Angus councillor and former headteacher David May has stepped into the continuing row over the move to introduce a shortened secondary school week, backing claims that it will lead to teacher cuts.
There remains confusion over the exact implementation of the plans voted through by Angus councillors last month, which will see pupils move from 35 to 33 weekly periods after August 2017.
After initial suggestions that the half day would fall on Friday, many councillors believed that they had voted for it to be on a Wednesday.
However, authority chiefs have said that options are still being explored, confirming only that the half day will be the same for all eight Angus secondaries.
Officials say the change will help schools maximise resources through a more efficient staffing model, but critics claim that is code for a cut in teacher numbers which they believe will be necessary to balance the books because of the £370,000 additional transport costs the change will bring.
Montrose Liberal Democrat Mr May has also become the latest opponent to cast doubt on how successful the half day change will be in securing work experience, volunteering and extra-curricular opportunities for youngsters.
He said: “Cuts in teacher staffing in Angus were always going to be a possible outcome.
“A ‘more efficient staffing model’ is another way of meaning cuts in staffing, as £370,000 needed to implement the changes must be found.
“The council clearly also voted for the fact it was going to be the Wednesday early closure of our schools and there was no doubt about that, but we are now told that options are still being considered.”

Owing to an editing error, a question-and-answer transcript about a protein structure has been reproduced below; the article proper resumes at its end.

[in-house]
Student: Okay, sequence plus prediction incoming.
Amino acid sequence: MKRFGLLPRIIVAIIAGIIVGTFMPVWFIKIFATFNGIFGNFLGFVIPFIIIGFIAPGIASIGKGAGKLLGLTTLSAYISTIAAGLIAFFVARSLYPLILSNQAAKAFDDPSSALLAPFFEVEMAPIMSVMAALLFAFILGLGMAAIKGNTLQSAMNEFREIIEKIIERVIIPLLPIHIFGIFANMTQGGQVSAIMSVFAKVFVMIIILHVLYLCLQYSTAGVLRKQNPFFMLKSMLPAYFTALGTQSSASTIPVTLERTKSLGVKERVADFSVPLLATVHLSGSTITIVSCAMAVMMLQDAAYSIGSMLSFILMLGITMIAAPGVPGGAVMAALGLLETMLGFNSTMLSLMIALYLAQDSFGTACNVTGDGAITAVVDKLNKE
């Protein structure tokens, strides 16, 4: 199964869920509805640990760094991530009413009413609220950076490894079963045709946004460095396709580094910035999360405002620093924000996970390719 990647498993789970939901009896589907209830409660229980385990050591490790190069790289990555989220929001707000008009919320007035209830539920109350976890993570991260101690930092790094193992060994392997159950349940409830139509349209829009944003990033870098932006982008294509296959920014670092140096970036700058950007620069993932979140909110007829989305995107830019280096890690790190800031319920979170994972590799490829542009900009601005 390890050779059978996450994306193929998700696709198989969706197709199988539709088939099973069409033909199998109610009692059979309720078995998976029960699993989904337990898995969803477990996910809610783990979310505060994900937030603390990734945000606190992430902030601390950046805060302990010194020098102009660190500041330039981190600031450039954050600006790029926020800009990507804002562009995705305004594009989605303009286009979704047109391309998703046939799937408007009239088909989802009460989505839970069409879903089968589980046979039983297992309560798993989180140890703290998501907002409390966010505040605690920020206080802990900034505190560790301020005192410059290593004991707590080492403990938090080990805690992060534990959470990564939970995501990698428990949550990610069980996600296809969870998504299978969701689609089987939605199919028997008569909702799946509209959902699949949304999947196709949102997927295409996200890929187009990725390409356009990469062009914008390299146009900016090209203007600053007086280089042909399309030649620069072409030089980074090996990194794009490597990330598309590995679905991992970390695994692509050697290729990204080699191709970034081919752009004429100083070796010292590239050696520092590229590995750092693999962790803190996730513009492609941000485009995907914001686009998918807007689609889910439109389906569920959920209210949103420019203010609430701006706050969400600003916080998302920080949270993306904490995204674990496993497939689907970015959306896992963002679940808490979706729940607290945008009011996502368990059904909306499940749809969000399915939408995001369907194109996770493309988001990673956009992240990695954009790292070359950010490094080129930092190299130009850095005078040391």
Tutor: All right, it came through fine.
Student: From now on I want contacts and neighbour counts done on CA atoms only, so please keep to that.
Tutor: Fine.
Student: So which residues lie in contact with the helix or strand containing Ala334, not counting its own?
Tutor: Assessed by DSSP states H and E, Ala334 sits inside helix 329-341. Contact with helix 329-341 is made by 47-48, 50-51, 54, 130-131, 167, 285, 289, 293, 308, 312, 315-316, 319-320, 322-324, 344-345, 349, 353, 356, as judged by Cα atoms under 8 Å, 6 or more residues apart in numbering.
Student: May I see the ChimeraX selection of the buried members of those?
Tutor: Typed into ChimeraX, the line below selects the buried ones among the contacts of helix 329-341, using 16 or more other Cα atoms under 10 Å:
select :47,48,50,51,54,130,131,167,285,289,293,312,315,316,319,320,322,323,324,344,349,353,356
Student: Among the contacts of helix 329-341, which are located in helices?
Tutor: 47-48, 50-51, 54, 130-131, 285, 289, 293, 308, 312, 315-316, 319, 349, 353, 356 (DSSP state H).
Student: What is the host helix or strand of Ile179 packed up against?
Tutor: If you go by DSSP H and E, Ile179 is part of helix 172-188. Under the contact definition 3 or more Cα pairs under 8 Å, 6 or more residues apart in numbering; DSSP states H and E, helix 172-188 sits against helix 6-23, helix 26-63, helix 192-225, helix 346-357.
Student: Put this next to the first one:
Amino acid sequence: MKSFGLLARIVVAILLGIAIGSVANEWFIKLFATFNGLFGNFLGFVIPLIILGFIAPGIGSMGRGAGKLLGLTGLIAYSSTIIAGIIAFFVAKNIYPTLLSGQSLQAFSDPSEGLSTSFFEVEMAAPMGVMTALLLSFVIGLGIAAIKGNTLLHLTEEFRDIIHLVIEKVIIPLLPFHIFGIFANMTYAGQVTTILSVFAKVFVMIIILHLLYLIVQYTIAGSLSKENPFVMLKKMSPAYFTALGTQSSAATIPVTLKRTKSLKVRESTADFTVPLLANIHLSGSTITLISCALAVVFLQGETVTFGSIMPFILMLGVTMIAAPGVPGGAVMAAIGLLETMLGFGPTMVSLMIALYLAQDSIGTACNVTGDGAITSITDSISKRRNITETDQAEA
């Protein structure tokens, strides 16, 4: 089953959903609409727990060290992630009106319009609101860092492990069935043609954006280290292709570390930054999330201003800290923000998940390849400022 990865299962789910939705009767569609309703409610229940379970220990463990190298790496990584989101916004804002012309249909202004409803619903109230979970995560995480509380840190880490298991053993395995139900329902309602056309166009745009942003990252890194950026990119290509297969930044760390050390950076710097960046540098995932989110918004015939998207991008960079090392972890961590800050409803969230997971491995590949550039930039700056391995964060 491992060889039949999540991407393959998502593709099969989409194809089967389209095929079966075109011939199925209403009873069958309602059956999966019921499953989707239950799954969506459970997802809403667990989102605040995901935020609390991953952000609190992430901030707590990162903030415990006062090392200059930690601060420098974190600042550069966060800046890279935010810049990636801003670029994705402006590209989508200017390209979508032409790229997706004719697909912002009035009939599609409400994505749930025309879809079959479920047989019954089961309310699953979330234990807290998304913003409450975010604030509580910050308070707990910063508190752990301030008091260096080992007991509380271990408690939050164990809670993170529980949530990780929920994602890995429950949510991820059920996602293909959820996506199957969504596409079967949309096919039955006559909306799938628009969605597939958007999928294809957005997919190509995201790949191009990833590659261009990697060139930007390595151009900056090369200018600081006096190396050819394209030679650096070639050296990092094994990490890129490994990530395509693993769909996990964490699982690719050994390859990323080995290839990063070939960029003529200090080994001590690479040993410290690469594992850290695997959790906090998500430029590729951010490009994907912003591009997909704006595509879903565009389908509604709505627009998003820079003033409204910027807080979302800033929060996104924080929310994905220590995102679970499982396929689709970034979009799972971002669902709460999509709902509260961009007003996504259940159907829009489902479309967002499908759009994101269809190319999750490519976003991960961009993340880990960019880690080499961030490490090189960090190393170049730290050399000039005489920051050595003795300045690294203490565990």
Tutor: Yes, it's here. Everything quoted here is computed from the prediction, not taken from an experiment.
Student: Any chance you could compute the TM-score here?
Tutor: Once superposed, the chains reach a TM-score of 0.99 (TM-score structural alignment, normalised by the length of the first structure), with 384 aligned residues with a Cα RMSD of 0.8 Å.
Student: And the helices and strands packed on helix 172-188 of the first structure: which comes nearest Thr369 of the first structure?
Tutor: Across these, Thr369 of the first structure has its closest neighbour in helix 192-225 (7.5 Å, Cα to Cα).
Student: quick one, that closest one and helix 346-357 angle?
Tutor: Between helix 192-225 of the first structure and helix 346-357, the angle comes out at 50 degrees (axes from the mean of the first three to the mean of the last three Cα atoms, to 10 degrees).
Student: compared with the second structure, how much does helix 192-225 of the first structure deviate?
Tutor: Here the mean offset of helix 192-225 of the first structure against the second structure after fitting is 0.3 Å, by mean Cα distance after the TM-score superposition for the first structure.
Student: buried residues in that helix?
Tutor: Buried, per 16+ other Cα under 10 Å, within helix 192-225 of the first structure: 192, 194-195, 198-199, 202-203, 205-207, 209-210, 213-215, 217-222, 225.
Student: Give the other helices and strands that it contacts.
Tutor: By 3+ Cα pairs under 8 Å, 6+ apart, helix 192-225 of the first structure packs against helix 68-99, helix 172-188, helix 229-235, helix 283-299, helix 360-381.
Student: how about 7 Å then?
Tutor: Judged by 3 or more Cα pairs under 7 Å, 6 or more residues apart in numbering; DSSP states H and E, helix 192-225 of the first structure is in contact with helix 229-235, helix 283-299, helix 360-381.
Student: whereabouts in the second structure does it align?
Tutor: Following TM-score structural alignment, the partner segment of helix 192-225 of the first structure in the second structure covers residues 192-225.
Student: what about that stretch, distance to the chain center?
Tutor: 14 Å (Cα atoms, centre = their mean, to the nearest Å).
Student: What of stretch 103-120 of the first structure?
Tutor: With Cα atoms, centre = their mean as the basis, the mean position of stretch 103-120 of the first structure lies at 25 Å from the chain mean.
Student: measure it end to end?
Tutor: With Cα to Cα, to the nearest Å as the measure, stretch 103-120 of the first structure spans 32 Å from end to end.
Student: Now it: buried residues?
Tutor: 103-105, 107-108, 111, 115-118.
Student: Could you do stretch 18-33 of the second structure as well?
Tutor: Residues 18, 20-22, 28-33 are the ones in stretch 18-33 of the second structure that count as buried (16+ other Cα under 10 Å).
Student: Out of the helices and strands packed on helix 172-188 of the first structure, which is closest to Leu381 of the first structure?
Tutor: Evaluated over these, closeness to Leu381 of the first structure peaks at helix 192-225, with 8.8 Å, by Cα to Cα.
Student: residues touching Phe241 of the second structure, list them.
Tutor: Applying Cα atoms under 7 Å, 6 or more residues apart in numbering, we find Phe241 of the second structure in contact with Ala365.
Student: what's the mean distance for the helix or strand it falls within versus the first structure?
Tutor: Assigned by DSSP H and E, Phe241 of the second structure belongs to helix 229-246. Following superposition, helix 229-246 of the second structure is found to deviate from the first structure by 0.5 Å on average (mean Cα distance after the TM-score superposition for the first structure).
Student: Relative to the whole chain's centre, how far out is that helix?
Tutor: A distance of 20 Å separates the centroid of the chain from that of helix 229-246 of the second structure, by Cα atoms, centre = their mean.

Mr May continued: “Although I support the reduction of some form time from the present 30 minutes to 10 minutes each day as this will mean more teaching time, I do believe we could have had the best of both worlds by a different model which would have meant more teaching time and not having to find an extra £370,000 from the education budget.
“I can see that having an afternoon available for work experience, extra-curricular actvities, sport and so on could add to pupil experience and skills, but I am concerned as to who will organise it and monitor it since this is outwith the teachers’ contracts.
“We are speaking about thousands and thousands of pupils across the whole of Angus, and I have serious doubts that there will be enough employers, volunteers, sports clubs and so on about to carry this out.
“Furthermore, what happens to those pupils who need a bus to get home – they will not take part in this unless their homes can provide the transport?
“In practice, and for many pupils in our rural area, especially those in Forfar, Brechin and Kirriemuir who go home on the contracted bus, they may not have the opportunity to take part in these extra activities.
“As a former timetabler, I believe this will be very challenging to organise.
“There are workload issues about what is proposed and these have not been explained,” he added.